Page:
“I think you can pathologize a community, and [impact] young people,” he said. “To do it delicately is the task at hand.”
Josiehanna Colon, a student at New Mission High School who testified Tuesday, said she has felt the impact of state oversight. Too much of her education has been centered around standardized testing, she said; further intervention would likely bring more emphasis on tests and less diverse curriculum. “I’m angry that our voices may be ignored,” she said, “and that again and again we care about a test score instead of a child.”
The meeting, which lasted more than four hours and included a detailed presentation on the contents of the report as well as lengthy public testimony, was originally scheduled to take place in the auditorium at Wellesley High School, which seats 700 people. Leaders in the suburban district asked state officials to move the gathering elsewhere after learning that attendance would be high and protests could be held, potentially disrupting their school day.
Relocated to a government building in Boston, the much smaller meeting room could not accommodate all attendees, dozens of whom sat on the floor in a hallway outside the room, watching the livestreamed meeting on their cellphones. Several parents in attendance said they were denied the opportunity to speak at the meeting after submitting formal requests; two speakers chose to split their time with others who were shut out.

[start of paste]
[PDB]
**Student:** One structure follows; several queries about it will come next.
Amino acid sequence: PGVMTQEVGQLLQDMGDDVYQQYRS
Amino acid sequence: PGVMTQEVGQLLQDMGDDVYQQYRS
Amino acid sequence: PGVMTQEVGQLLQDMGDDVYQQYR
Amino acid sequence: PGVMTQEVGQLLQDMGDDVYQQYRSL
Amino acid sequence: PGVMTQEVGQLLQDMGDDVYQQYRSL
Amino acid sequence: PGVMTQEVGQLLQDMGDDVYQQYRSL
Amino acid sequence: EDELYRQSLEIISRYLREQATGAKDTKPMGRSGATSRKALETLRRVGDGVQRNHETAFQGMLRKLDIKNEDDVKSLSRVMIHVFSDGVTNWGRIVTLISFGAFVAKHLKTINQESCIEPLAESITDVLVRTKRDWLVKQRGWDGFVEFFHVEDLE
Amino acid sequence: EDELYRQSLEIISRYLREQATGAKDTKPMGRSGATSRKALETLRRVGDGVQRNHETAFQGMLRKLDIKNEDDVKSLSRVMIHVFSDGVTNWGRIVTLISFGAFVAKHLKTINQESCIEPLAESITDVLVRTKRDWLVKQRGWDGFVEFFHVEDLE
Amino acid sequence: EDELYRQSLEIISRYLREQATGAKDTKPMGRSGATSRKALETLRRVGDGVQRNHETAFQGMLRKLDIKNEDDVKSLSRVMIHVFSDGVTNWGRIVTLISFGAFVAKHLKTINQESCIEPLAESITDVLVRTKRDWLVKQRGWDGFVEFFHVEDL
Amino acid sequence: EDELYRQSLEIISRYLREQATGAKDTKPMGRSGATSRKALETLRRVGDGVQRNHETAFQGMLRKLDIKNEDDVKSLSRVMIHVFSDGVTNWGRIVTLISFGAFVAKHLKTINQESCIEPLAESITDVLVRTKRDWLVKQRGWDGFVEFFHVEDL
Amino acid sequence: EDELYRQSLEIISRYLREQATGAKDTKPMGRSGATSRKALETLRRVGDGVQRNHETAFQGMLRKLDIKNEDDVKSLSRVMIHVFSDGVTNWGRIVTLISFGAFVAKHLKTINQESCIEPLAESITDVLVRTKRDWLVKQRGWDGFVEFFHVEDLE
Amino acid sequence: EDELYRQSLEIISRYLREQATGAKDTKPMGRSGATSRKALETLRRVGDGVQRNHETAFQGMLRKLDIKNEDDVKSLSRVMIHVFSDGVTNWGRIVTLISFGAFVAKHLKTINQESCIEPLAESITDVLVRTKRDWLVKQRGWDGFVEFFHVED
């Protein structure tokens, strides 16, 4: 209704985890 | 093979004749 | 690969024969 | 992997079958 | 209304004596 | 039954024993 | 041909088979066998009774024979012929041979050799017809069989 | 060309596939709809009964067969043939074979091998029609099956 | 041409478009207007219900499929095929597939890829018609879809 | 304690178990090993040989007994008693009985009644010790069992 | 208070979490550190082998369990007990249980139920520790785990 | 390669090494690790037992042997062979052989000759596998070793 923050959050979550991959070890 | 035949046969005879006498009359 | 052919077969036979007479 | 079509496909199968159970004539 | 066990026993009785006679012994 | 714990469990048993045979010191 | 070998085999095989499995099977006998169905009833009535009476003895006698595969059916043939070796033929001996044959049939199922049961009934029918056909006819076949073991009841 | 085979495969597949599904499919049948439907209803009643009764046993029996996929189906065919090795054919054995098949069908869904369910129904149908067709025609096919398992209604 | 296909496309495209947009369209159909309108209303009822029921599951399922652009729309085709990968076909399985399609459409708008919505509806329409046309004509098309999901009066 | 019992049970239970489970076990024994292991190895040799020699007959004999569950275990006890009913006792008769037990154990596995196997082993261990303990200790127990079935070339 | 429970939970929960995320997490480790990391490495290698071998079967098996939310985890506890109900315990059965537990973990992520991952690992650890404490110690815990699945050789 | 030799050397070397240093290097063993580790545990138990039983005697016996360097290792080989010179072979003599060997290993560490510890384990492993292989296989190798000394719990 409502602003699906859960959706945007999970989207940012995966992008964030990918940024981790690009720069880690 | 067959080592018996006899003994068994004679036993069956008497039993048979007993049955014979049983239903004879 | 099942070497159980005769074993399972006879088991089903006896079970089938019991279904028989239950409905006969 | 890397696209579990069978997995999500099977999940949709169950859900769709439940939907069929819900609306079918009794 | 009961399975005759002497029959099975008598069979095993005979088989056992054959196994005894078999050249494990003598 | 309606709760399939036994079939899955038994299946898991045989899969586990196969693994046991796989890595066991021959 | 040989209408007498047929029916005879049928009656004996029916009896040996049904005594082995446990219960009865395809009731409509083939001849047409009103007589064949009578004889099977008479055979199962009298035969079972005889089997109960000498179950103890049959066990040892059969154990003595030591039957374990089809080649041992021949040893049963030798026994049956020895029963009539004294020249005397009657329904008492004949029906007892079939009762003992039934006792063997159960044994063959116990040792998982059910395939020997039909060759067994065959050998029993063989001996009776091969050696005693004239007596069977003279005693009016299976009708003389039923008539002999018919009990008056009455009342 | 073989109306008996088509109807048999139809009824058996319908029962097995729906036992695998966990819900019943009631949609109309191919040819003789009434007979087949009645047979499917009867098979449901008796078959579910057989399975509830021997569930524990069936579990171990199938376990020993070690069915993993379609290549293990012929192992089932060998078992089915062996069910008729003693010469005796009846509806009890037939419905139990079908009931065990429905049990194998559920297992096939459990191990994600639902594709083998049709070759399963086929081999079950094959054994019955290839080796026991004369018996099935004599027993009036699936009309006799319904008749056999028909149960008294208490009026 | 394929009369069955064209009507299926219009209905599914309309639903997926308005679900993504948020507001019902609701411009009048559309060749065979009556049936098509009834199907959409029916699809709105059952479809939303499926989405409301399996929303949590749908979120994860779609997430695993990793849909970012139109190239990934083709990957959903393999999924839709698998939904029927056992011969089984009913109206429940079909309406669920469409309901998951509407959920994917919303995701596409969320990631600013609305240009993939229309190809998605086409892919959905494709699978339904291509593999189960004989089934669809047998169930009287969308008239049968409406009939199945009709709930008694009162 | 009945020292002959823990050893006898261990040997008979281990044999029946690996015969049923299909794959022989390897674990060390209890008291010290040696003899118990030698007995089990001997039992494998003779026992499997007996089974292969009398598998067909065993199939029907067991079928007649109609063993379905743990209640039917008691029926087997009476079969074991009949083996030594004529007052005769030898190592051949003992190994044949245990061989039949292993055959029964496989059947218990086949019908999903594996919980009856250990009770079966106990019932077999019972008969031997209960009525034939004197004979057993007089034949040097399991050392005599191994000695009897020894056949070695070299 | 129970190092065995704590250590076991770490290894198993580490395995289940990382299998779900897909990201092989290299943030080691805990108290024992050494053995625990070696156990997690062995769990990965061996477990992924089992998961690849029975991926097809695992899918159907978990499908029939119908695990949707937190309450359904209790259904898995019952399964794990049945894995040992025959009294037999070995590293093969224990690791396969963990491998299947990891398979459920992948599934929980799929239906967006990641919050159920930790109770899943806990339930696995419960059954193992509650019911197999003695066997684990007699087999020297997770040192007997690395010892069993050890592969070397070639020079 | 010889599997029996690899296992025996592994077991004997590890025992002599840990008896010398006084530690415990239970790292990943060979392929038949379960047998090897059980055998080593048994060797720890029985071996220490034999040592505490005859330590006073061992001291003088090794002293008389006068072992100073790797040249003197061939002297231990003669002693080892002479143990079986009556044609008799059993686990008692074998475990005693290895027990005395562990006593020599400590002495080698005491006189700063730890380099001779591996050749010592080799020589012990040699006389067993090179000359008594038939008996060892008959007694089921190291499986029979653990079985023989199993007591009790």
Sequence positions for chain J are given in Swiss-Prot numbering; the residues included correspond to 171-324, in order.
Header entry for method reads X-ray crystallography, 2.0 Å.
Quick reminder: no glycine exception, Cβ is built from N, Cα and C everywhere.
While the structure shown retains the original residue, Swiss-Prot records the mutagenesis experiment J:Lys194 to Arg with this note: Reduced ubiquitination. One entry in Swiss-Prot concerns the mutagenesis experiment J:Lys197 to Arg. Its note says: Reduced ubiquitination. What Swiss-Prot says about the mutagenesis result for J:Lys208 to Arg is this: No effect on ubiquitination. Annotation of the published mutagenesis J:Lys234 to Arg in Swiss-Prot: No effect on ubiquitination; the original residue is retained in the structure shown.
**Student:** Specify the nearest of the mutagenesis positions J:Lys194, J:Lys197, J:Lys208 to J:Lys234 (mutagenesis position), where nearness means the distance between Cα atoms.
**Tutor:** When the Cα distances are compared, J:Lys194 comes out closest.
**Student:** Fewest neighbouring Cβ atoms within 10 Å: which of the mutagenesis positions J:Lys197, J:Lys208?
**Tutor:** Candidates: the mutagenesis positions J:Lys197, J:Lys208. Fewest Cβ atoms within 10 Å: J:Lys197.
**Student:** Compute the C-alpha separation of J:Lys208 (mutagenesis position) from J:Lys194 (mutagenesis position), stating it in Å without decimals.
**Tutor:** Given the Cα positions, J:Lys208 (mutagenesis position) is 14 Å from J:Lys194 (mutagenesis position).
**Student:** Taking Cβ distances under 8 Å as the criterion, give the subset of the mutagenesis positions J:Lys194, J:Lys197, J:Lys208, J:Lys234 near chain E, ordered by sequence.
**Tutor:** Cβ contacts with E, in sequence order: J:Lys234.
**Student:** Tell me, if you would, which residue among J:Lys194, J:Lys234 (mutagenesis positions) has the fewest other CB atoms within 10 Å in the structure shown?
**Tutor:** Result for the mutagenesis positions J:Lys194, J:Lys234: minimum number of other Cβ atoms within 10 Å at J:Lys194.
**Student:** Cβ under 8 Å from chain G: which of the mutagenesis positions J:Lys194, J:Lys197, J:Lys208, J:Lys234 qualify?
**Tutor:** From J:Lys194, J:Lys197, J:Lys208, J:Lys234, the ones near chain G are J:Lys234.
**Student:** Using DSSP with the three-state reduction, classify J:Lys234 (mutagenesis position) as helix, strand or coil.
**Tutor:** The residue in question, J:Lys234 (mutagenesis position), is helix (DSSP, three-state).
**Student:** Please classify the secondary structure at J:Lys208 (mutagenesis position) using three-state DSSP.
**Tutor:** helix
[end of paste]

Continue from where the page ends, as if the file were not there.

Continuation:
Those who did testify included Wu, state Senators Sonia Chang-Díaz (also a gubernatorial candidate) and Lydia Edwards, state Representative Liz Miranda, and five City Council members. Voices in favor of takeover were few, but Mary Tamer, a former Boston School Committee member, vigorously endorsed state intervention.
“When administrators shun mandated reporting laws, this is a crisis that requires intervention,” she said. “When you embark on superintendent searches every two years and expect different results, this is a crisis that requires intervention. . . . How many more 200-page reports do we have to read before we do something?”
Some parents of children with disabilities have also called for state intervention, which they see as their only hope of achieving educational equity in the face of long-unyielding service gaps. The state review released Monday found that BPS continues to struggle to meet the needs of its many English learners and students with disabilities, diminishing the prospects of tens of thousands of children.
More common at Tuesday’s meeting were the sentiments of Chang-Diaz, who asked the board not to “erode parent voice and democracy,” and of City Councilor Kendra Lara, who questioned why the current moment — when women of color have assumed unprecedented power — is seen as the right moment for a takeover.
Leila Parks, a parent and teacher, called for a simpler, grass-roots approach.
“If you want to help BPS, don’t waste time with top-down interventions and receivership,” she said. “Ask each school what it needs to succeed — please, just ask.”
Globe staff writer Adria Watson contributed to this report.
The Great Divide team explores educational inequality in Boston and statewide. Sign up to receive our newsletter, and send ideas and tips to email@example.com.
Jenna Russell can be reached at firstname.lastname@example.org. Follow her on Twitter @jrussglobe.